- Deliver a vicarious learning experience
- facilitate exam revision and content review
- Provide multi-modal support for learning
- Help students keep track with modules
- A 2012 study found that "screencasts can be a powerful tool to support student learning," and noted that students reported enjoying the screencasts.
- A 2011 study found that "The results indicate that students perceive the screencasts to be helpful and tend to use the resources as a study supplement. Overall, usage of screencasting in its various forms is positively and significantly correlated with course performance as indicated by the final grade. The most substantial gains were found for students with the least amount of prior exposure to concepts in the course material. These results indicate a potential for screencasts to address the various academic needs of students in a large lecture environment."
Should You Make a Screencast?
- How many screencasts will you be making? If you only need to make a couple, then it might not be worth the time it takes to set up a learn how to use a screencasting tool.
- Assuming that you already know how to use a screencasting tool, making a screencast still takes a fair bit of time (a seven-minute screencast, if it requires editing or other enhancements, could take a couple hours to make). Will the making the screencast save you time later on? (For example, will it mean that you don’t need to explain something many times to many people.)
- Will your students benefit from your screencast? Will they benefit more from a screencast than if you delivered the content in class? Will your screencast especially benefit certain students?.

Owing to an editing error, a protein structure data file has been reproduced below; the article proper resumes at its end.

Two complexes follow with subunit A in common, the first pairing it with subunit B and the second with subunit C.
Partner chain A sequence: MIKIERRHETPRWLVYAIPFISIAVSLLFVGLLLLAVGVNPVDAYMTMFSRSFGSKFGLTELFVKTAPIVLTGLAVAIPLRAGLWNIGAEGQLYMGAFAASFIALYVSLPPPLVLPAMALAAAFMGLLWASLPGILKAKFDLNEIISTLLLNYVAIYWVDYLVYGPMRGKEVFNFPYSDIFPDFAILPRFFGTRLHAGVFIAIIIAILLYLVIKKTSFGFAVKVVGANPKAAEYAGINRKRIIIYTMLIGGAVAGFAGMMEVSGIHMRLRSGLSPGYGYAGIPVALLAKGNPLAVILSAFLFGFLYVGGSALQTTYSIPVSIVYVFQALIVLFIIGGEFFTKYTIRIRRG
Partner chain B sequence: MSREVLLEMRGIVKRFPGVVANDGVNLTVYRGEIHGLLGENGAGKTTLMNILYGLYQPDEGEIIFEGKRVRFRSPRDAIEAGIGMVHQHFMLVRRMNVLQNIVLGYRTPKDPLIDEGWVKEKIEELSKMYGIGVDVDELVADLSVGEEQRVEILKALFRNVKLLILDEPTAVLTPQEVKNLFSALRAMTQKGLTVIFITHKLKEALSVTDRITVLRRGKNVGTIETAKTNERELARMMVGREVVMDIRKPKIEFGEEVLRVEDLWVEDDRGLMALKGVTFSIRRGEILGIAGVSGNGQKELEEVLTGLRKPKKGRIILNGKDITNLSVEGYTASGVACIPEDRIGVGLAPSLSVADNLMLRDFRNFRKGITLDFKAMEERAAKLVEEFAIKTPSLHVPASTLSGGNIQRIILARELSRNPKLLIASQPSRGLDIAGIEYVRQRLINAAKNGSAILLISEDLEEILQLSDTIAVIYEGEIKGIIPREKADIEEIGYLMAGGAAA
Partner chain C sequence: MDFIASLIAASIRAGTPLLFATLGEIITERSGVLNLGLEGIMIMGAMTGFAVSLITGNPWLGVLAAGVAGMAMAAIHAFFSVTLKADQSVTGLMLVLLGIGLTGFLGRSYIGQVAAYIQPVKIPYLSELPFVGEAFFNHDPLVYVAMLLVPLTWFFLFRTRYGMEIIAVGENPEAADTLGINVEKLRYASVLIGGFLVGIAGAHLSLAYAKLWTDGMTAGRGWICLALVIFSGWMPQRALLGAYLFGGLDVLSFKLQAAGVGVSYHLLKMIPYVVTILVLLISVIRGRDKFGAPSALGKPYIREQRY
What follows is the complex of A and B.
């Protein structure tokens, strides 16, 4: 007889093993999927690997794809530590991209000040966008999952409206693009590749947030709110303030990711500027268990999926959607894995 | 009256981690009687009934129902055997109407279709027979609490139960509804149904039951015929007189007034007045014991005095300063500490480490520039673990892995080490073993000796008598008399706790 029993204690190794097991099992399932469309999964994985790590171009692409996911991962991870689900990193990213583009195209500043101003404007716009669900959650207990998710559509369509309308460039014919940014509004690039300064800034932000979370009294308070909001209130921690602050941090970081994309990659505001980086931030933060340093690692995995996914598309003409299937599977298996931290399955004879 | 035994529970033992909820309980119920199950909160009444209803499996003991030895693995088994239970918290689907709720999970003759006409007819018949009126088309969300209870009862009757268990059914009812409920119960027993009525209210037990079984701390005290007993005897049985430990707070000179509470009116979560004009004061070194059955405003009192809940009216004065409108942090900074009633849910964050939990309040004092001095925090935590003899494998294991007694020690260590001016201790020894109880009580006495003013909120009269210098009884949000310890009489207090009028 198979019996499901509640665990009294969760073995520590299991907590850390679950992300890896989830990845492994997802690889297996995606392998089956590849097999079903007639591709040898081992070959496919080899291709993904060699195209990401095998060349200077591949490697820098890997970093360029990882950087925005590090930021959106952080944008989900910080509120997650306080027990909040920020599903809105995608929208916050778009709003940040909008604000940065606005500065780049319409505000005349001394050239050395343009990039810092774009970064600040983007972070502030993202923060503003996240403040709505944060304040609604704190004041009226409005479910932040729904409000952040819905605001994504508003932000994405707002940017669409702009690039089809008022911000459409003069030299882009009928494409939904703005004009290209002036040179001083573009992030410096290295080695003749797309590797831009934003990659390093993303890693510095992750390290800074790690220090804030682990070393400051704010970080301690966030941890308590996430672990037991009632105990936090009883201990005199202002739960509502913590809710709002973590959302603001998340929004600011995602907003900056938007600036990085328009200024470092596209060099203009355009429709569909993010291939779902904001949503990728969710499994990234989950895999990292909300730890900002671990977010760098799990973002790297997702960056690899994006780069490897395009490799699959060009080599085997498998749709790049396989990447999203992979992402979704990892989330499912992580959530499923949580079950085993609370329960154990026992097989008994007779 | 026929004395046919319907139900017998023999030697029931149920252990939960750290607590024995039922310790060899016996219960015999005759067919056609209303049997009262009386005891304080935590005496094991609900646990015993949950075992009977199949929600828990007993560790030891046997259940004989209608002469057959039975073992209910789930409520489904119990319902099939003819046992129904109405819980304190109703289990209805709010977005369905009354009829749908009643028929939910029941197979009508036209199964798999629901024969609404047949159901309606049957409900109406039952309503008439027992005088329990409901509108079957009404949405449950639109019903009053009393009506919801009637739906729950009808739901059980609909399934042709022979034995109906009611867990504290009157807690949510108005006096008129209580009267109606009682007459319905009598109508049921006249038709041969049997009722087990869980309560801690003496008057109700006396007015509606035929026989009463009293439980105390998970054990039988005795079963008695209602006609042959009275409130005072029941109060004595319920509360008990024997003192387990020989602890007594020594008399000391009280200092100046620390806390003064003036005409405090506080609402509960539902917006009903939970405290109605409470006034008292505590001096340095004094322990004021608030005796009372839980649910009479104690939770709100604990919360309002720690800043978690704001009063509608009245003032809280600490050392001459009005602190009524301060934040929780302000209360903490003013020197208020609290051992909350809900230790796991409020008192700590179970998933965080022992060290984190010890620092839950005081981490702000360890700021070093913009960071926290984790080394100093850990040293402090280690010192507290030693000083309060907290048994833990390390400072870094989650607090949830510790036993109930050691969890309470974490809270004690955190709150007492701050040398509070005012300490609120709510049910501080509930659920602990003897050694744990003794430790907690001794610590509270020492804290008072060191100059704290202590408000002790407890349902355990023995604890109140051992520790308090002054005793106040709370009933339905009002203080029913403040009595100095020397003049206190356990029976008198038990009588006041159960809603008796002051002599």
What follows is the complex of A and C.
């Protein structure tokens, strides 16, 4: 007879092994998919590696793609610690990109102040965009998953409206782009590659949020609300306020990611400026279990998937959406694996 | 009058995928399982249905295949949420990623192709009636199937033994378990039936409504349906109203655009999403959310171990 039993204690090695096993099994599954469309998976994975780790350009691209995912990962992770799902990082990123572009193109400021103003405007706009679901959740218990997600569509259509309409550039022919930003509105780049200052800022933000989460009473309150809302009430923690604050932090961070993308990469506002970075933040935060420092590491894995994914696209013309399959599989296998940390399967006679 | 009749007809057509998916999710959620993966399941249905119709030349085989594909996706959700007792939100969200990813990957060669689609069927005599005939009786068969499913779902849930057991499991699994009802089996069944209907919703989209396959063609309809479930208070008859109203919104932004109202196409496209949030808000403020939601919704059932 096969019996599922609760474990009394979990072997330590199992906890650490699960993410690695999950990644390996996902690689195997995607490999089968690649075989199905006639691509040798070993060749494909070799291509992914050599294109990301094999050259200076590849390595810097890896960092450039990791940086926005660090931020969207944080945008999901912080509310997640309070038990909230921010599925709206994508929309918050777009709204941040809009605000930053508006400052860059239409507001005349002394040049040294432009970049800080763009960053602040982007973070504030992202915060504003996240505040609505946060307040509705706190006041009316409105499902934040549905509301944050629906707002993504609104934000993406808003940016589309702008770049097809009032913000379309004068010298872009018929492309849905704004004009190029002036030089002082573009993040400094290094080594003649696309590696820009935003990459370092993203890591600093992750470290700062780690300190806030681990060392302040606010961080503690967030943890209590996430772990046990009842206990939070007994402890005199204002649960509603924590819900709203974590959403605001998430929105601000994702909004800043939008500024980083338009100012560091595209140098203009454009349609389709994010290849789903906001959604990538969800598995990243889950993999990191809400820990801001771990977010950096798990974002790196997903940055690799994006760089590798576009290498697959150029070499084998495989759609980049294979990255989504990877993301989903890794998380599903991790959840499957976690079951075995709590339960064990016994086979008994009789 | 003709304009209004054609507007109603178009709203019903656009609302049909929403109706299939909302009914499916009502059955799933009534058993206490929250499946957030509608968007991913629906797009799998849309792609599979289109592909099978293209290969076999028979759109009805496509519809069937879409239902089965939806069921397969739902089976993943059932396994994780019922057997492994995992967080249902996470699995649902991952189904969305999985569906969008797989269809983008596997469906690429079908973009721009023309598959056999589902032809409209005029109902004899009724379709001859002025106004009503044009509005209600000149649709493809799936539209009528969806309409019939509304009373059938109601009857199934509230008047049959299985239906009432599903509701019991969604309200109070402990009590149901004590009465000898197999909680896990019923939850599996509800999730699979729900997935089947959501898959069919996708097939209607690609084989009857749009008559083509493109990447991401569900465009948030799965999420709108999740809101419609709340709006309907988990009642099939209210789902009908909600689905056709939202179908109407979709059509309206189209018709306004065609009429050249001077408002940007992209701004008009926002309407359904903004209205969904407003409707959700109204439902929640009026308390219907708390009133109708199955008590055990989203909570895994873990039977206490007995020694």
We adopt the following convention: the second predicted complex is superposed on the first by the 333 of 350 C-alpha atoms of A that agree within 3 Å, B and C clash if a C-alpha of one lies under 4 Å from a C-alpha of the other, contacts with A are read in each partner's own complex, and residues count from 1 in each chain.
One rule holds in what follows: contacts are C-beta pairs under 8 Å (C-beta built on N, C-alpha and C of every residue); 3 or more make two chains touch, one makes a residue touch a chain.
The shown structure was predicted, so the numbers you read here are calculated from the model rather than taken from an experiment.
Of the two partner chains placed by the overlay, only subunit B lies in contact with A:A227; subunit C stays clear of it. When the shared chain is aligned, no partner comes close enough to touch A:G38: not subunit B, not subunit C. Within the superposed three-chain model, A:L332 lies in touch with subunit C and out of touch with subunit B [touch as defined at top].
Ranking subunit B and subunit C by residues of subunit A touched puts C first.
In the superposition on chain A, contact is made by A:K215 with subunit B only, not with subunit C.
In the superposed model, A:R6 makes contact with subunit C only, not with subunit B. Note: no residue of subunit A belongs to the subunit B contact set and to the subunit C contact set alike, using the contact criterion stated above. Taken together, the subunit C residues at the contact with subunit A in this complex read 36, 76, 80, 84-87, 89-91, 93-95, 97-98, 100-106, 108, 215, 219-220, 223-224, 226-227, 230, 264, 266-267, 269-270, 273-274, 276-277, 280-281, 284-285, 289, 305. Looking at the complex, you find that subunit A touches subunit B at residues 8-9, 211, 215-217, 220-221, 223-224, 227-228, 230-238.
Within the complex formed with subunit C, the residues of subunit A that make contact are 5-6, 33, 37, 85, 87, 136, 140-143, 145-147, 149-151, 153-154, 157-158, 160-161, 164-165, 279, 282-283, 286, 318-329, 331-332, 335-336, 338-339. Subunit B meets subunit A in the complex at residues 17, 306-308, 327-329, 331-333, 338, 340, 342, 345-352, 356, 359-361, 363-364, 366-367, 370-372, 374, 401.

- Is the content you want to share suitable for a screencast? Some content, such as a discussion of a policy, is probably better presented in document form than in a screencast. Other kinds of content -- such as an explanation of the parts of an atom -- is well suited to being a screencast.
- If your screencast only needs to include still images (not full motion), then you could make a PowerPoint presentation and then turn it into a narrated PowerPoint such as this one (PPT). Note that because this is actually a PowerPoint file, your audience will need to download it and then open it in PowerPoint; in other words, it won't play directly from the web.
- If your screencast only needs to include still images, but you want your audience to play it directly from the web, then you could use an online platform such as MyBrainShark. With MyBrainShark, you create an ordinary PowerPoint presentation, upload it to the MyBrainShark website, and then add the narration using their online tools. With MyBrainShark, you can also get some data about how your screencast is being used: for example, how many people have watched it. Here's an example of screencast made with MyBrainShark.